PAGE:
Hate Speech and Content Moderation in the Sahel Region: Socio-Legal Implications


Antoinetta Mutesa, Women Initiatives Network, Netherlands

Romaine Zdiouemba, Réseau d’Initiatives des Journalistes, Burkina Faso

Boureima Salouka, Deutsche Welle Academy, Burkina Faso


Martin Emmer

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We are pleased to announce a seminar series on AI, Hate Speech and Online Content Moderation with a focus on trends and challenges in the global south, with an emphasis on Africa. Covid19 has led to a rapid acceleration of automated content moderation and a reduction of human moderation. This has been problematic as algorithms have struggled to correctly interpret content leading to hate speech remaining online while other messages have been mistakenly identified as being ‘dangerous’. Furthermore, most algorithms have been developed and trained on content from the global north and have struggled to be sensitive to context, and even more so in countries in the global south where social media companies have been less engaged. These trends may have a particular impact in regions that are already affected by a multitude of destabilizing factors like climate change, political instability and economic uncertainty. This seminar series attempts to offer insight into some of the challenges faced by hate speech and automated content regulation on the continent.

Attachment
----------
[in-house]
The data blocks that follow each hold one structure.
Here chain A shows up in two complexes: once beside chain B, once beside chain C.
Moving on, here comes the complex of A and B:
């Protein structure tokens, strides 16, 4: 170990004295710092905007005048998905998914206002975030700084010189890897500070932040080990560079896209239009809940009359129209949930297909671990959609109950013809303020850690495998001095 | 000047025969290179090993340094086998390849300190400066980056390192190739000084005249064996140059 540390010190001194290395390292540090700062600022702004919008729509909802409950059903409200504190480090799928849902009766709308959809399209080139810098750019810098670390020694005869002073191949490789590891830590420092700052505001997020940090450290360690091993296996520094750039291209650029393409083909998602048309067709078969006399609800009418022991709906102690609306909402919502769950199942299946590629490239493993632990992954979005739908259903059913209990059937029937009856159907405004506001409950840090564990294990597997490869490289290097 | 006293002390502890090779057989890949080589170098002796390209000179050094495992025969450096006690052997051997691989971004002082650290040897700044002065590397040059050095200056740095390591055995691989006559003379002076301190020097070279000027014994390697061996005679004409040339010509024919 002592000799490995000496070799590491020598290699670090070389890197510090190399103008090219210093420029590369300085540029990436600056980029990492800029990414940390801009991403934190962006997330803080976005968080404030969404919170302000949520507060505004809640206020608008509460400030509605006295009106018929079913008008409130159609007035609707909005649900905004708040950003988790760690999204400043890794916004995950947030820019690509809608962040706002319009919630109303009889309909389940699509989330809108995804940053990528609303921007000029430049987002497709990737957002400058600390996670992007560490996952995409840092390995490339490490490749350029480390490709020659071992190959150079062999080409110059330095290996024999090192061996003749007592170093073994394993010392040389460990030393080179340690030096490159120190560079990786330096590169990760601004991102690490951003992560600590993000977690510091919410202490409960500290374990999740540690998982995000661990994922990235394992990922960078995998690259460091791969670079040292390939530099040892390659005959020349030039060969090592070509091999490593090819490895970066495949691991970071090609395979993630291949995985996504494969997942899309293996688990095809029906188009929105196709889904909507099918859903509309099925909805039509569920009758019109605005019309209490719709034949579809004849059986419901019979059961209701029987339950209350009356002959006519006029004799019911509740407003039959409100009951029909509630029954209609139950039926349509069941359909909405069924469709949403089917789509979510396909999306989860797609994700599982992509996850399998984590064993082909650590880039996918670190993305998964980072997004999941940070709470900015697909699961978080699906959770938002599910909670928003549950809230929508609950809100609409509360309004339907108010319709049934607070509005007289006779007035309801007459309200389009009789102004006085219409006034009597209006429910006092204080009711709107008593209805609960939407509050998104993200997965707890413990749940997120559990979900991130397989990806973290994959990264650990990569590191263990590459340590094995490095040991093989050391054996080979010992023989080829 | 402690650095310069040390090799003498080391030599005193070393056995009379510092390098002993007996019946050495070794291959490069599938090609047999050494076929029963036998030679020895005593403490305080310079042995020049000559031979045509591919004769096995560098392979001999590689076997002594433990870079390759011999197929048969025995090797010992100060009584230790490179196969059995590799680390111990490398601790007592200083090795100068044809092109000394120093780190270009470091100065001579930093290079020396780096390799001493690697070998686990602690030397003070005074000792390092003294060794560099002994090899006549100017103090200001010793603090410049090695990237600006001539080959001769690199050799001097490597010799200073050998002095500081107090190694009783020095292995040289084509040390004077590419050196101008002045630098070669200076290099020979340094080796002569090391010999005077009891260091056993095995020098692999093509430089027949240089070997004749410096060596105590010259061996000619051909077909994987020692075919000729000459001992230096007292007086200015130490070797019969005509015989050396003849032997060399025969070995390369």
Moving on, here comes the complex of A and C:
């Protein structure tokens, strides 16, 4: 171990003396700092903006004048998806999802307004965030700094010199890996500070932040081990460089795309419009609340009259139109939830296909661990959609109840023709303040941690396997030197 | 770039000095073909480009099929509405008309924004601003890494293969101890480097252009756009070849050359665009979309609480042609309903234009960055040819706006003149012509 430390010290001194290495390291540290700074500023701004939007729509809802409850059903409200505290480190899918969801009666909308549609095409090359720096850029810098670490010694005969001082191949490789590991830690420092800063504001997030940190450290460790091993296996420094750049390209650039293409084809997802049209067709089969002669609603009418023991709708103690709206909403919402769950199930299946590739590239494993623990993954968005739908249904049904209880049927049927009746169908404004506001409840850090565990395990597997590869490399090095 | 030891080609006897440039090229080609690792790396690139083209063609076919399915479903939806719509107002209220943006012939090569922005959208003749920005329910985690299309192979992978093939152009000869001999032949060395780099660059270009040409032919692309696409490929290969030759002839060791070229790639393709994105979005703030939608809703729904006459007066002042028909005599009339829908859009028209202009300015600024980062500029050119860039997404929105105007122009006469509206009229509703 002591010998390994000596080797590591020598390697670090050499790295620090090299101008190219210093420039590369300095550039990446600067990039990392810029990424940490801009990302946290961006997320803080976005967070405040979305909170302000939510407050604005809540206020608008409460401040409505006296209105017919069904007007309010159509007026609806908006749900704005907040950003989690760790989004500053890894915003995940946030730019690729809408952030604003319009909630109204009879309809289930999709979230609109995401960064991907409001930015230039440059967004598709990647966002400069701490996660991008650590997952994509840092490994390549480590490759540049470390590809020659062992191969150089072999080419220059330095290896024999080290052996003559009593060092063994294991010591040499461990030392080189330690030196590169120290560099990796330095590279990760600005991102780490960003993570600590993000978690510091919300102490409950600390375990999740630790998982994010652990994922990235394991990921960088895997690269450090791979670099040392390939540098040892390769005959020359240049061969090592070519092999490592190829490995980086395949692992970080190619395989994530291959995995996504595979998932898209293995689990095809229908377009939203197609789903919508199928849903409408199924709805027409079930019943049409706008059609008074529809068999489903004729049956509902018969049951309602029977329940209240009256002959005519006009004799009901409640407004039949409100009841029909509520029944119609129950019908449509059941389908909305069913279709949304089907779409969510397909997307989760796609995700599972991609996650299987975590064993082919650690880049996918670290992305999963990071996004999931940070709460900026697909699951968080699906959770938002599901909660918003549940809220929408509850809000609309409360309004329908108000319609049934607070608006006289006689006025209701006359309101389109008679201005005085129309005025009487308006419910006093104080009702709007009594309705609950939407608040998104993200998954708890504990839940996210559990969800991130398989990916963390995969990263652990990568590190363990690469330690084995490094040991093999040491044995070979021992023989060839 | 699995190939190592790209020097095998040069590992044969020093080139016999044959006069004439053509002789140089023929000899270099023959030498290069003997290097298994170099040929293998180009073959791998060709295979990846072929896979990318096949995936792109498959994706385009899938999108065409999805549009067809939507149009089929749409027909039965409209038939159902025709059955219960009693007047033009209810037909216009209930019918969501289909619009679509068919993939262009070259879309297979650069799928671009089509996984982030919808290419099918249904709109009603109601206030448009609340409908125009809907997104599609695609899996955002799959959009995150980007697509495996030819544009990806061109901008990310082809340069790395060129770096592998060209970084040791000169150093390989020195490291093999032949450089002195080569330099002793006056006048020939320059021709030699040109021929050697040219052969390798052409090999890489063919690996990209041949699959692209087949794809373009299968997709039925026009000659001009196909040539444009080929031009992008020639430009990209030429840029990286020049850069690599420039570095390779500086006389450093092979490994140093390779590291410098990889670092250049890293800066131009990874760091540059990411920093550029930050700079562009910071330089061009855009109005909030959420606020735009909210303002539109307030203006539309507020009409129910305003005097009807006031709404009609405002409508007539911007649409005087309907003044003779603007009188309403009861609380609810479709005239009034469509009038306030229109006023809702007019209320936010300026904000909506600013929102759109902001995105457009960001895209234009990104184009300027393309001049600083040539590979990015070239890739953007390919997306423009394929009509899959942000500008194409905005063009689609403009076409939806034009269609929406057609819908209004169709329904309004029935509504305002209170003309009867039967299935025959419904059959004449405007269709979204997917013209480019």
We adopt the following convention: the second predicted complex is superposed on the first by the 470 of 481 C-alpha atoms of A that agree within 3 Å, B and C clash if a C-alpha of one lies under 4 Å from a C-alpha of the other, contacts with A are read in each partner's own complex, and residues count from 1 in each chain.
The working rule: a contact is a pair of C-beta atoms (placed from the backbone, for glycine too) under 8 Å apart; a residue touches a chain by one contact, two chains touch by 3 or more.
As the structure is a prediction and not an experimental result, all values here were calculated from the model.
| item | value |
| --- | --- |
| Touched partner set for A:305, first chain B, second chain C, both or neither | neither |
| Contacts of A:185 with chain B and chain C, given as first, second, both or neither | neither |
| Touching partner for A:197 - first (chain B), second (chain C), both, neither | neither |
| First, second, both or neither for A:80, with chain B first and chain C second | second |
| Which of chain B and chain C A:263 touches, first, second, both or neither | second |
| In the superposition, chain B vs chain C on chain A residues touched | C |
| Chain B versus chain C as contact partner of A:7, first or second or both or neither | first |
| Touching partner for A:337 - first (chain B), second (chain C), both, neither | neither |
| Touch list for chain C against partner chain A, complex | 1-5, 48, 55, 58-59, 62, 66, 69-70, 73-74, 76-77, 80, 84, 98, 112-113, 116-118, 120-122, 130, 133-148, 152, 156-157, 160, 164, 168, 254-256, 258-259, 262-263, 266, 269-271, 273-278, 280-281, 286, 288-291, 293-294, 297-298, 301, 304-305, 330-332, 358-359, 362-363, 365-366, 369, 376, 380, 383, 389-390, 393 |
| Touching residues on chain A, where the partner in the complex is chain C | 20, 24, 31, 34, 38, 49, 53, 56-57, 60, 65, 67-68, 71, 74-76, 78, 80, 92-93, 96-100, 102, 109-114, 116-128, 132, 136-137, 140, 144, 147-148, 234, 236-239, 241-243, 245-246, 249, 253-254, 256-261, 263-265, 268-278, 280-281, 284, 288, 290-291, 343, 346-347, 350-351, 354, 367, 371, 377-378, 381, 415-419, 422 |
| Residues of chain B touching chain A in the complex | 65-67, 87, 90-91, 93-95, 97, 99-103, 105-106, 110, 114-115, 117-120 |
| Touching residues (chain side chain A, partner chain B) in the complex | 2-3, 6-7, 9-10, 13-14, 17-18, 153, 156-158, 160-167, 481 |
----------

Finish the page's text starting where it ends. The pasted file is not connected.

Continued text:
This series is organized by Freie Universität Berlin, the Weizenbaum Institute, the School of Communications at the University of Johannesburg, and the Centre for Socio-Legal Studies’ Programme in Comparative Media Law and Policy (PCMLP) at the University of Oxford.  We are grateful for the support of the OxBer Research Fund and the ERC.